Are GMOs Used to Make Organic Cheese?

Posted on June 7, 2013

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Recently, I’ve been part of some discussions relating to the use of enzymes derived from genetically modified organisms (GMOs) in organic cheese production. The concern, or the assumption, is that they are employing the same GMO-derived chymosin (known less precisely as “rennet”) as about 70% of the cheese on the market today. That didn’t sound quite right to me, so rather than accept rumour and speculation, I decided to do a little research, looking at organic certification regimes from around the world. Here are the results of my work:

United Kingdom

The Soil Association is the United Kingdom’s largest organic certification body, verifying the organic status of over 70% of the organic products sold there. Their website explains: “All organic products must not use GM organisms or their derivatives. This includes enzymes which must be from non GM organisms. To ensure that this is the case every cheese manufacturer must submit a GM declaration from their ‘rennet’ supplier that the material is not derived from a GM organism.”

That’s pretty clear: No GMOs used to make organic cheese in the UK.

United States

An excellent background document on the history of cheese enzymes and the development of chymosin derived from genetically modified organisms can be found on the Vegetarian Resource Group Blog (because probably the only people who care more about the provenance of their cheese enzymes than organic consumers are vegetarians!). They report on extensive communications with enzyme manufacturers, including the world-wide company Chr. Hansen. On the topic of organic cheese, they state quite clearly that GMO-derived enzymes cannot be used in USDA Organic cheese. Chr. Hansen’s website offers this explanation (emphasis is theirs) before listing several non-GMO alternative that are permitted for organic use:

Organic products are products which exclude the use of inputs such as pesticides, chemical fertilizers and food additives. Although organic certification varies according to jurisdiction, organic products produced with the aid of GM technology may not be certified Organic. Thus, products such as Fermentation-Produced Chymosin and YieldMAX®may not be used in organic end-products.

A 2011 USDA AMS Technical Evaluation Report on Enzymes in organic products clearly states:

Genetically modified rennet (fermentation produced chymosin) is prohibited for use in organic agriculture 355 under 7 CFR 205.105(e) and 7 CFR 205.301(f).

The same report goes on to provide an international perspective by stating (emphasis is mine):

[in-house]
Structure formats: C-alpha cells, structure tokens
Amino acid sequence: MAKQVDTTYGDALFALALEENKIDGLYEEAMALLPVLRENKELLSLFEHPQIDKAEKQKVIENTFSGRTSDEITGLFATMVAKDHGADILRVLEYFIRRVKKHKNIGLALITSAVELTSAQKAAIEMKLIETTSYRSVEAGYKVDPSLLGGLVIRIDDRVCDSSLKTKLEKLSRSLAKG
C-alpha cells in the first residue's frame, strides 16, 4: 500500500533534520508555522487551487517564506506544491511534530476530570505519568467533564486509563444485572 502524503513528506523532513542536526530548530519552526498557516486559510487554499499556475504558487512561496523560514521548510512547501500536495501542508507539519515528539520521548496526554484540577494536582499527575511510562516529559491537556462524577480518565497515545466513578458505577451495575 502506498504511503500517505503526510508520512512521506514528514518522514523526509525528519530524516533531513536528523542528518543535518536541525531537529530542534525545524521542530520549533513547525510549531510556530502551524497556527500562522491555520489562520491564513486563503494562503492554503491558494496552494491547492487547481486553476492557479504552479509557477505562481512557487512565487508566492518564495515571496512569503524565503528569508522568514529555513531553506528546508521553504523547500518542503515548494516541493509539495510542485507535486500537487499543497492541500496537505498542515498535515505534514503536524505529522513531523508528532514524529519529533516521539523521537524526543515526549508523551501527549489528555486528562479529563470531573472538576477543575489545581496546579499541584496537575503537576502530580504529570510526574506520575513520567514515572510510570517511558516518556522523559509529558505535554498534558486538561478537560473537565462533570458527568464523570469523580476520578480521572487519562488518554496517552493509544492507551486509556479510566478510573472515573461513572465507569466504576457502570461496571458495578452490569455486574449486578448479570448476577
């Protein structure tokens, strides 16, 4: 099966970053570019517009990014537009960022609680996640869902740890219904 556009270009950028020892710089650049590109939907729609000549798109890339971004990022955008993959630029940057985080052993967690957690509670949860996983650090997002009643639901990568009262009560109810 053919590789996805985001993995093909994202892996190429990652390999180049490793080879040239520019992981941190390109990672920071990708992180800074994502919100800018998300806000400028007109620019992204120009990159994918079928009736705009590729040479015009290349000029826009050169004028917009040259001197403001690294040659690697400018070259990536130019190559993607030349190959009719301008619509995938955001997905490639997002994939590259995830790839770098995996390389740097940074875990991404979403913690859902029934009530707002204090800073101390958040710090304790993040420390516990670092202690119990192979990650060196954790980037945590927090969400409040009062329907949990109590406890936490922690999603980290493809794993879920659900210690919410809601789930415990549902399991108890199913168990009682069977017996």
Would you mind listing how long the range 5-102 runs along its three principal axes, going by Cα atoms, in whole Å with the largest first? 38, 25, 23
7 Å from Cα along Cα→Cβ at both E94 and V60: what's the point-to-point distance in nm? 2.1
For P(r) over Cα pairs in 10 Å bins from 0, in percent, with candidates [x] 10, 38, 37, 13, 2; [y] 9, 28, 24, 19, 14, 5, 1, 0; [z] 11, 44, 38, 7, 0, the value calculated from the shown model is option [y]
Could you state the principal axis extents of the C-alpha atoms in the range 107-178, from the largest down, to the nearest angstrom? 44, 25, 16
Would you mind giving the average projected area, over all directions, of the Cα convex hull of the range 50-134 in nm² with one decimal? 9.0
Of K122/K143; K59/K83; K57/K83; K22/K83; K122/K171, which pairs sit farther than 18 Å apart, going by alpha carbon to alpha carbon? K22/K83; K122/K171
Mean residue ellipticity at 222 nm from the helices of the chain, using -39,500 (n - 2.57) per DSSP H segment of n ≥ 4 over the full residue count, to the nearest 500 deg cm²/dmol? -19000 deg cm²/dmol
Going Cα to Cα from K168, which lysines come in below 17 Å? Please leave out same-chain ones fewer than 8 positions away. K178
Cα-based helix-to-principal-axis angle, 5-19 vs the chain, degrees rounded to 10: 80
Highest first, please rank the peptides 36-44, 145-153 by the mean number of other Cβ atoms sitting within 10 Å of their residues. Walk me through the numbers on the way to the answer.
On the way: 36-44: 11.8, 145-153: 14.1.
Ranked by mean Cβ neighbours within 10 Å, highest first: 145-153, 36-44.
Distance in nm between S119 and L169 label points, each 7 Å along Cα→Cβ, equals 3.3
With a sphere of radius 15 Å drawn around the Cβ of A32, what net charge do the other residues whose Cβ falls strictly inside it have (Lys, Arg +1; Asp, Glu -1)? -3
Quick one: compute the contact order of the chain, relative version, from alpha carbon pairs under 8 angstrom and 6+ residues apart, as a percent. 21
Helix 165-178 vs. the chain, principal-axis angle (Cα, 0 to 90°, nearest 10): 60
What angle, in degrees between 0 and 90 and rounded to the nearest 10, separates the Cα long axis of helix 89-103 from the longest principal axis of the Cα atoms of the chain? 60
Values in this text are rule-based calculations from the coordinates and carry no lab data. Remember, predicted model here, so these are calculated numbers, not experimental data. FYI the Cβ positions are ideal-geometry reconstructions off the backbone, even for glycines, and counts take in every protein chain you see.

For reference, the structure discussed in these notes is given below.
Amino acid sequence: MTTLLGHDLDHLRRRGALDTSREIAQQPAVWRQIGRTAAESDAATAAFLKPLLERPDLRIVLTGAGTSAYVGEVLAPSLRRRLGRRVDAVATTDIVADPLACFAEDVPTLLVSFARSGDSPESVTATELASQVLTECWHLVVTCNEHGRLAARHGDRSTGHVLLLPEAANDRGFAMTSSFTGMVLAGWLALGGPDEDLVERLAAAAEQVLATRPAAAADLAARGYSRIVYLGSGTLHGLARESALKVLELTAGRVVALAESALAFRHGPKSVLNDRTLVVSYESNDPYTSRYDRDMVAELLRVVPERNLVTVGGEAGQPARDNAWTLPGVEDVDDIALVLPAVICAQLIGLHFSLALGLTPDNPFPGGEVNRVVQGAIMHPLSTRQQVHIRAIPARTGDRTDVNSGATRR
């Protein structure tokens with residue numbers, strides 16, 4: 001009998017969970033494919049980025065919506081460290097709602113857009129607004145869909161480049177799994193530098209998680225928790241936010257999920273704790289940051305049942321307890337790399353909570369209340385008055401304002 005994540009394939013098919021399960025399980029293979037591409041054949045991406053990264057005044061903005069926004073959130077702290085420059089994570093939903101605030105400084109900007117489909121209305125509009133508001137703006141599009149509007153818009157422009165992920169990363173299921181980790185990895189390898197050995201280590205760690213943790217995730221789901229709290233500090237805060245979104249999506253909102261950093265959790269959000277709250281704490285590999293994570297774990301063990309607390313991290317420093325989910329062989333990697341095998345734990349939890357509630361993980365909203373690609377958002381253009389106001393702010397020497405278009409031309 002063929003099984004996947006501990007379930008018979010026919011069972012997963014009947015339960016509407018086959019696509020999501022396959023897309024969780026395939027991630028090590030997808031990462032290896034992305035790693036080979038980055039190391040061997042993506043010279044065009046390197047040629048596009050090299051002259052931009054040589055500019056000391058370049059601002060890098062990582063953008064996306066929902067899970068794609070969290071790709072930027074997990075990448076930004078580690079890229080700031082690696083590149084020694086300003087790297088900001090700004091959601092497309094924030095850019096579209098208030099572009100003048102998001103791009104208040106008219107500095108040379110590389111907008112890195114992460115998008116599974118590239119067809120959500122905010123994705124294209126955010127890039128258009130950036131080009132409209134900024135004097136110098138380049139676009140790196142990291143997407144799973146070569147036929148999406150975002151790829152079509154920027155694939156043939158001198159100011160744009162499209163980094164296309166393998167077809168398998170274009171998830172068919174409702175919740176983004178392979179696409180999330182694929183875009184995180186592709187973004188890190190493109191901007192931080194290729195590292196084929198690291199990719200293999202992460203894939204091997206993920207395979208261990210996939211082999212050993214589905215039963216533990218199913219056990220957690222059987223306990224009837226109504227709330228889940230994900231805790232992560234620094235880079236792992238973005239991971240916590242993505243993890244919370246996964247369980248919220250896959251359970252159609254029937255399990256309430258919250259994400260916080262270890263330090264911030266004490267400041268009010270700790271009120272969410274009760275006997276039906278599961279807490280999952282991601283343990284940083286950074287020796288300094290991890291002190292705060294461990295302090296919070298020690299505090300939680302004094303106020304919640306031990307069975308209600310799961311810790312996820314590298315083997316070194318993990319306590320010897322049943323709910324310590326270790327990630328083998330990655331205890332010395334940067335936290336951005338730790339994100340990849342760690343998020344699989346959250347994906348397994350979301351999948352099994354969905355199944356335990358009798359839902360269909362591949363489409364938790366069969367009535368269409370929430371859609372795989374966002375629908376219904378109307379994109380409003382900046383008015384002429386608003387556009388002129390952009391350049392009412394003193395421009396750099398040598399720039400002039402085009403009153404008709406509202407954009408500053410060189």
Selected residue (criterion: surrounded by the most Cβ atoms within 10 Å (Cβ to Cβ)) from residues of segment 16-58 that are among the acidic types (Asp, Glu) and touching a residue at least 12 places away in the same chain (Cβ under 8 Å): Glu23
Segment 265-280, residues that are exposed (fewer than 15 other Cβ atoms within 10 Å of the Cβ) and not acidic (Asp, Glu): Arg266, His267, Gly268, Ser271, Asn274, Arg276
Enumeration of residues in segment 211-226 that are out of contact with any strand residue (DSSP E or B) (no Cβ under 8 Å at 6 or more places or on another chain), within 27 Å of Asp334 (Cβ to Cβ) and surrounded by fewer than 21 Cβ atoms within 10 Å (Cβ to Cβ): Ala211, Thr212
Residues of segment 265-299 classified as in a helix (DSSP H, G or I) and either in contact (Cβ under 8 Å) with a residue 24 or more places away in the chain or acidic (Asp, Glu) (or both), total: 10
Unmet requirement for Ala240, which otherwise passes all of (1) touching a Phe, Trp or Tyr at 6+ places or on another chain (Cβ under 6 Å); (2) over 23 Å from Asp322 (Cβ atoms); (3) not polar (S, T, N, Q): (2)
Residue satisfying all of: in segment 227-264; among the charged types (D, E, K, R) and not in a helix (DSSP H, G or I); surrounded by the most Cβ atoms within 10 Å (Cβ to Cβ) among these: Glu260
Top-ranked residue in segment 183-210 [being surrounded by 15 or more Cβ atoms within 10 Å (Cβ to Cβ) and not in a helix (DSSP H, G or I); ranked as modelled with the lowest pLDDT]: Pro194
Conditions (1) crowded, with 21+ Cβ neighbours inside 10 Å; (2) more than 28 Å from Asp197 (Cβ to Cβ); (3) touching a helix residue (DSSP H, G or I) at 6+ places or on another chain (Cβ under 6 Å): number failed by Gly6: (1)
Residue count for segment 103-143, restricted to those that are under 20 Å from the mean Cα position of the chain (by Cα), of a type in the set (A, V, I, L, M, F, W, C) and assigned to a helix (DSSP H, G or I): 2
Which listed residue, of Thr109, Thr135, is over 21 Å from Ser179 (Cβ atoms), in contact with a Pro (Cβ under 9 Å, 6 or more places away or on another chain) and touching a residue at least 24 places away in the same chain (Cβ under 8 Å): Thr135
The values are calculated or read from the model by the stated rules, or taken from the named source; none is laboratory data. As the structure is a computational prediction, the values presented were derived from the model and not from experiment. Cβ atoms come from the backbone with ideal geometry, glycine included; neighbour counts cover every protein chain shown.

The Codex Alimentarius Commission organic food guidelines allow preparations of micro-organisms and enzymes, specifically, “any preparations of micro-organisms and enzymes normally used in food processing, with the exception of micro-organisms genetically engineered/modified or enzymes derived from genetic engineering” (Codex Alimentarius Commission, 1999; USDA, 2000).

The most recent edition of the International Federation of Organic Agriculture Movements (IFOAM) Basic Standards considers enzymes acceptable for use in organic food processing provided they are based on the established Procedure to Evaluate Additives and Processing Aids for Organic Food Products (IFOAM, 2005; USDA, 2003). These standards are generally parallel to the OFPA criteria. [i.e. no GMOs or derivatives permitted]

Again, quite clear: No GMOs used to make organic cheese in the US (and probably the rest of the world!)

Canada

Canada’s organic regime features a Permitted Substances List (PSL) which includes all of the products that are permitted for use in organic agriculture in Canada. Section 6.4 of this list includes Dairy Cultures, with the specific annotation:

May not be products of recombinant DNA technology.

A little further down in the same section it also lists Micro-organisms, with an even more detailed explanation (emphasis is mine):

Including any preparations of micro-organisms normally used in product processing,
excepting micro-organisms from genetic engineering or enzymes derived from
genetic engineering, with no added chemosynthetic substance.

Just to be extra sure, I contacted Pro-Cert Organic Systems, Canada’s largest certification body, and asked two questions: “Can organic cheesemakers use rennet/chymosin derived from genetically modified organisms, or is it prohibited as per 1.4.1a” [the section of the Canadian Organic Standard the prohibits GMOs] and, “Does Pro-Cert verify the non-GMO status of enzymes used in organic cheese production? This is the response I received (quoted with their permission):

GMO enzymes would not be permitted. This would be covered under 1.4.1.a and in the PSL 6.4.

Pro-Cert does verify the GMO status of enzymes and the other requirements of enzymes in PSL 6.4

For the third time: No GMOs used to make organic cheese in Canada!

What’s Used in Organic Cheese

Since first posting this, a number of people have assumed that because organic cheese doesn’t use GMO enzymes, it must use calf rennet. There is, however, the third option of microbial rennet produced using a few different organisms first discovered in soil. “Hannilase” appears to be one of the most popular of these products. It’s very common to see references to this type of microbial rennet note that the resulting cheese often has a bitter aftertaste. But if appears that a purification process can eliminate the enzymes that cause this secondary reaction. Based on my experiences eating organic cheeses made using “vegetarian rennet” the end results can be pretty delicious!

Conclusion

Everyone is entitled to their own opinion on the importance or relevance of the use of enzymes derived from GMOs in cheese production. But one fact is very clear: these GMO-derived enzymes are NOT used in organic cheese.


 

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Posted in: Food, Organic